Thursday, 26 May 2016

Highlights of the Detailed Adjudication of The Drowning Girls at Theatre Ontario Festival 2016

By Brandon Moore, Community Theatre and Communications Manager

Highlights of the detailed adjudication by Mimi Mekler of The Curtain Club’s production of The Drowning Girls by Beth Graham, Daniela Vlaskalic and Charlie Tomlinson (representing the Association of Community Theatres—Central Ontario—ACT-CO)

  • Play requires water effects: characters in bathtubs, showers overhead—numerous issues to address (risk of mildew, electrical safety, temperature, hygiene, etc.); operation requires them to work independently of each other; explored different strategies.
  • In original production, raked the stage from 15-feet at the front to 11-feet at the back to drain U.S. into a trough; too complicated to rake the state here, so created a lip.
  • Varied temperature according to needs of actors, as best as possible. They always felt safe performing.
  • Costumes experimented with different fabrics, eventually built the underwear and dresses out of curtain material that was sheer and dried quickly.
  • Strength of production was its simplicity: specific and crystal clear
  • What are the challenges and traps of the play? Director’s concept was of a purgatory. Bessie arrives first, alone until Alice arrives as playmate. Margaret is the new girl who shows up and hast to be taught the games—28 games in total.
  • Props: The newspapers was created, found authentic stories to ground it in reality, and then sprayed (essentially a scotch-guard) so that they were water-safe and could be pulled out of the bathtub.
  • The play has the qualities of a memory play: How do you make them active? Where do the characters make their discoveries?
  • Alice and Margaret each have moments of discovery in narrative, Bessie is more challenging because she constantly forgave him, and gave him the template for his future actions—for her, it is in the gasp after the murder.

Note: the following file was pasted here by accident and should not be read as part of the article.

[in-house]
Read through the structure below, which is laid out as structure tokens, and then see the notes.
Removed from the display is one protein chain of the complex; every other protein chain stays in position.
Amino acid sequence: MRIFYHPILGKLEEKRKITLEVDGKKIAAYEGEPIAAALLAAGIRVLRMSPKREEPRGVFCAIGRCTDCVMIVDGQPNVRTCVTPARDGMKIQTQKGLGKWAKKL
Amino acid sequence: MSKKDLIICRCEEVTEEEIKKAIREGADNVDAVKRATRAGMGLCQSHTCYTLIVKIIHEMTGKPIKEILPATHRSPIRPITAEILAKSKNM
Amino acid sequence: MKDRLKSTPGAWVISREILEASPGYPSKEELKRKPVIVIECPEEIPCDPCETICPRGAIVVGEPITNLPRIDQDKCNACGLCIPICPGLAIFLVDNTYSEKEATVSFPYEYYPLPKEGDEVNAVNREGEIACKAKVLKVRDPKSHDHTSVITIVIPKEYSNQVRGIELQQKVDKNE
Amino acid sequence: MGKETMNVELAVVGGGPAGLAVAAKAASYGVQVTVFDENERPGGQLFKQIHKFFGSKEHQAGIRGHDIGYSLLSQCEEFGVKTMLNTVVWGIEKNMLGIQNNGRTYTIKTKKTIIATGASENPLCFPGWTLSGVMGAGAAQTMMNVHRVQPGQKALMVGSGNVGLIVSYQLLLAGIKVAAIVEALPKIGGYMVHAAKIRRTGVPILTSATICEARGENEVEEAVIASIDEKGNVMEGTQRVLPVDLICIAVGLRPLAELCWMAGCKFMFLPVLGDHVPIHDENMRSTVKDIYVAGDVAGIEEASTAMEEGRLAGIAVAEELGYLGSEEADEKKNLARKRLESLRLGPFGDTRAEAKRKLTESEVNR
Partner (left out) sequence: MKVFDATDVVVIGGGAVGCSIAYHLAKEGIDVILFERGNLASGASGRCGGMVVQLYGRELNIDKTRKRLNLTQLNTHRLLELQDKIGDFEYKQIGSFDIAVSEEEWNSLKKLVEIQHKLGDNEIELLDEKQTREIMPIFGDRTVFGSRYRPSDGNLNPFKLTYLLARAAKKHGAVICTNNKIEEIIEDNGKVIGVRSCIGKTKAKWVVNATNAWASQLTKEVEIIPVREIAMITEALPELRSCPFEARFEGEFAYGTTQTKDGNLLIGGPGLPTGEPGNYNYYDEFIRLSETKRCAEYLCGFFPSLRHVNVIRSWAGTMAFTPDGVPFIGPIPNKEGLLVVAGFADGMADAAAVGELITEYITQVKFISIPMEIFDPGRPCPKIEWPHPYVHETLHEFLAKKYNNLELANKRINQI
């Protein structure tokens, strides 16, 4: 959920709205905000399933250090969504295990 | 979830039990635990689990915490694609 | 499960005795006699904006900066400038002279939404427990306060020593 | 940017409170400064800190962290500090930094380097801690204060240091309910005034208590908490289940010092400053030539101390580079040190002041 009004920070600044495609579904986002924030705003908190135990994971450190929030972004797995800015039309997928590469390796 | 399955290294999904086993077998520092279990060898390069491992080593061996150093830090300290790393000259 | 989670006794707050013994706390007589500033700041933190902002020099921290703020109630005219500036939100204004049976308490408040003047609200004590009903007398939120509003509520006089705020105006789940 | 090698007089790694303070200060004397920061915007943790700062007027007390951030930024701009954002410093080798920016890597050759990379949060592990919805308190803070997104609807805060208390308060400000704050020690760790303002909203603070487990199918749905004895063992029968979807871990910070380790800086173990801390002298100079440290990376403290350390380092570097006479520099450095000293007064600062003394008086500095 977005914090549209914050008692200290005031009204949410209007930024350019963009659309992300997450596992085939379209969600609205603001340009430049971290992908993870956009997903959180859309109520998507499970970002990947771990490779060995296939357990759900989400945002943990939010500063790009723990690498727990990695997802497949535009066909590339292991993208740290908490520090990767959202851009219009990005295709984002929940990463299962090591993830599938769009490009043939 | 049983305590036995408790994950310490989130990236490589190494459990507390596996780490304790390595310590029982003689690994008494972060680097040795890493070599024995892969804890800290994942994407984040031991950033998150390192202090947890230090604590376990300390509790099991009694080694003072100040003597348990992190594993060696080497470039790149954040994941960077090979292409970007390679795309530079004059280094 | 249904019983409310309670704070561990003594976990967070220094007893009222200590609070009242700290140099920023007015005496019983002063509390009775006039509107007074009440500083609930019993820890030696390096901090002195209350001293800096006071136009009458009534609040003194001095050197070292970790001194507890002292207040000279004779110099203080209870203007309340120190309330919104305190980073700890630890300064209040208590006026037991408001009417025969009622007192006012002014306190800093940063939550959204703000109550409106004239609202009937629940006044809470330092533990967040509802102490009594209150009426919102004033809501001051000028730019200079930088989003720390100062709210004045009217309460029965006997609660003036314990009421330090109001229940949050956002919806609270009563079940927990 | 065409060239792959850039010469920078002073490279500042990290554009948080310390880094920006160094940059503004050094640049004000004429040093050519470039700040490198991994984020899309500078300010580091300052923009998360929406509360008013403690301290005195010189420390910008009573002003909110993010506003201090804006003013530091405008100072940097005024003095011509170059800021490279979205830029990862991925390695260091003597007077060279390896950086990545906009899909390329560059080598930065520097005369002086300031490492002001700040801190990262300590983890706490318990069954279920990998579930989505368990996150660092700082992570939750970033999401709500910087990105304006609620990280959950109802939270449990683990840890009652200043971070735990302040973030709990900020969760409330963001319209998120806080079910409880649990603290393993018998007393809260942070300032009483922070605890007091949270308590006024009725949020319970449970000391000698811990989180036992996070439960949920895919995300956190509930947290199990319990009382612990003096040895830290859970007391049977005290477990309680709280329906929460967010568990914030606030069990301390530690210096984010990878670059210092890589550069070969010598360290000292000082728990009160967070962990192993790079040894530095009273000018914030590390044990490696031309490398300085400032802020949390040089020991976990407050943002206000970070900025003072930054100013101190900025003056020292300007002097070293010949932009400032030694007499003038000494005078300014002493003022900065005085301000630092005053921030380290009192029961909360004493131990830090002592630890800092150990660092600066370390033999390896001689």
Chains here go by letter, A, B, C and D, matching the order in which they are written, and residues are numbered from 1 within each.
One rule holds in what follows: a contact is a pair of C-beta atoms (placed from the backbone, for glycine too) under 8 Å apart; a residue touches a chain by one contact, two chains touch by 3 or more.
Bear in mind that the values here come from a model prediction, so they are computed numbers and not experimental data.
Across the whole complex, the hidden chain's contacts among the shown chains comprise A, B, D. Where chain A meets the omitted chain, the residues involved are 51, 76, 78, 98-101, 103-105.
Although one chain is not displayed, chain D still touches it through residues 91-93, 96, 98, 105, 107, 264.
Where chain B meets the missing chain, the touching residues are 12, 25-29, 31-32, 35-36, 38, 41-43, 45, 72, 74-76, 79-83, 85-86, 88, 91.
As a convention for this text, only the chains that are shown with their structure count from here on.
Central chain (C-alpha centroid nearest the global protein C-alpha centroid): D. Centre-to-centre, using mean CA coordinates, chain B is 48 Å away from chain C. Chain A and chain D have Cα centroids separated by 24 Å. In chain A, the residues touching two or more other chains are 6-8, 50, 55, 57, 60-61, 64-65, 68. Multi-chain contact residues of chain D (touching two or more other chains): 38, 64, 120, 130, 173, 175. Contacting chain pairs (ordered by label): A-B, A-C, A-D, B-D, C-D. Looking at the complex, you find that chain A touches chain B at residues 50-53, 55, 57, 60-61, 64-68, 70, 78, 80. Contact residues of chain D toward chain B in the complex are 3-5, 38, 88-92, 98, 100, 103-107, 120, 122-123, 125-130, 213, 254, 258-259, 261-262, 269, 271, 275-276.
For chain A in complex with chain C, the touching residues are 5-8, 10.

• Characters of Alice’s mother, the landlady are interesting—offered the women help but refused.
  • Margaret’s realization when she is alone and has time to think that she doesn’t really know him—in spite of her background, wouldn’t she be more modest because of that discovery?
  • Is there a moment of discovery that he is the same man? The clang of the prison door suggested something in common, recognized echoes and similarities. Needed clarity of that recognition.
  • Blaming the victim encapsulated in that moment of “How could they be so stupid?”
  • Thank goodness they were funny: the audience wouldn’t be able to take the play without the humour.  (Good example was Margaret pulling out the reading glasses, a moment we all recognized.)
  • Why laughter at the end? Their journey is complete, and they are free from the purgatory. Did the audience reach that same point of sharing that joy?
  • Fog and harmonium set the mood in the opening.
  • Charades executed with great clarity.
  • Crisp and clean calling of cues by the stage manager.
  • Good costume choices: Margaret has buttons in the front because she has no one to help her.
  • Lights had some difficulty balancing the level for the three tubs, in available time.
  • Accent work of other characters was odd (protagonists are to be played without accents), but it grew over the course of the show.
  • Good theatrical magic: props seeming to appear out of nowhere.
  • The “stuttering” lighting effect of the period movie was extremely well-executed: established a convention and mood, but stopped because it would have been too much for the entire scene to be lit that way.
  • The image of the dancing was another clear image: contrasts of varying heights, body types,  blonde/brunette/redhead, etc.
  • Alice giving the pearls to George was a well-executed symbolic moment that clearly communicated scope of what he did.
  • Bessie as the insurance salesman—good vocal work to become much more resonant to distinguish the character.  As the doctor, she took great pleasure in playing a horrible man.
  • The scene with the cleaning ladies is a problematic, long scene. Good use of physical blocking around the tubs to show variety. Tried different accents for the three characters, with the tentative looks above. Would they have benefitted from being more personally affected by the events?
  • Pouring water into the bathtubs—didn’t hear the sound of the water pouring, perhaps pouring from a greater height. Problem is that the water levels are not that high.
  • Strong transformation into and through singing of Nearer My God to Thee.
  • Hard to duplicate lighting effect in home theatre where the LEDs seemed to change the colour inside of the tubs.
  • Production was expected to be a challenge for their audience, but it resonated positively with them.
As always, this is my best effort to record the conversation at the Detailed Adjudication, with a standard apology for any misrepresentations of the ideas of the adjudicator and the members of the company. Corrections and clarifications are welcome in the comments.

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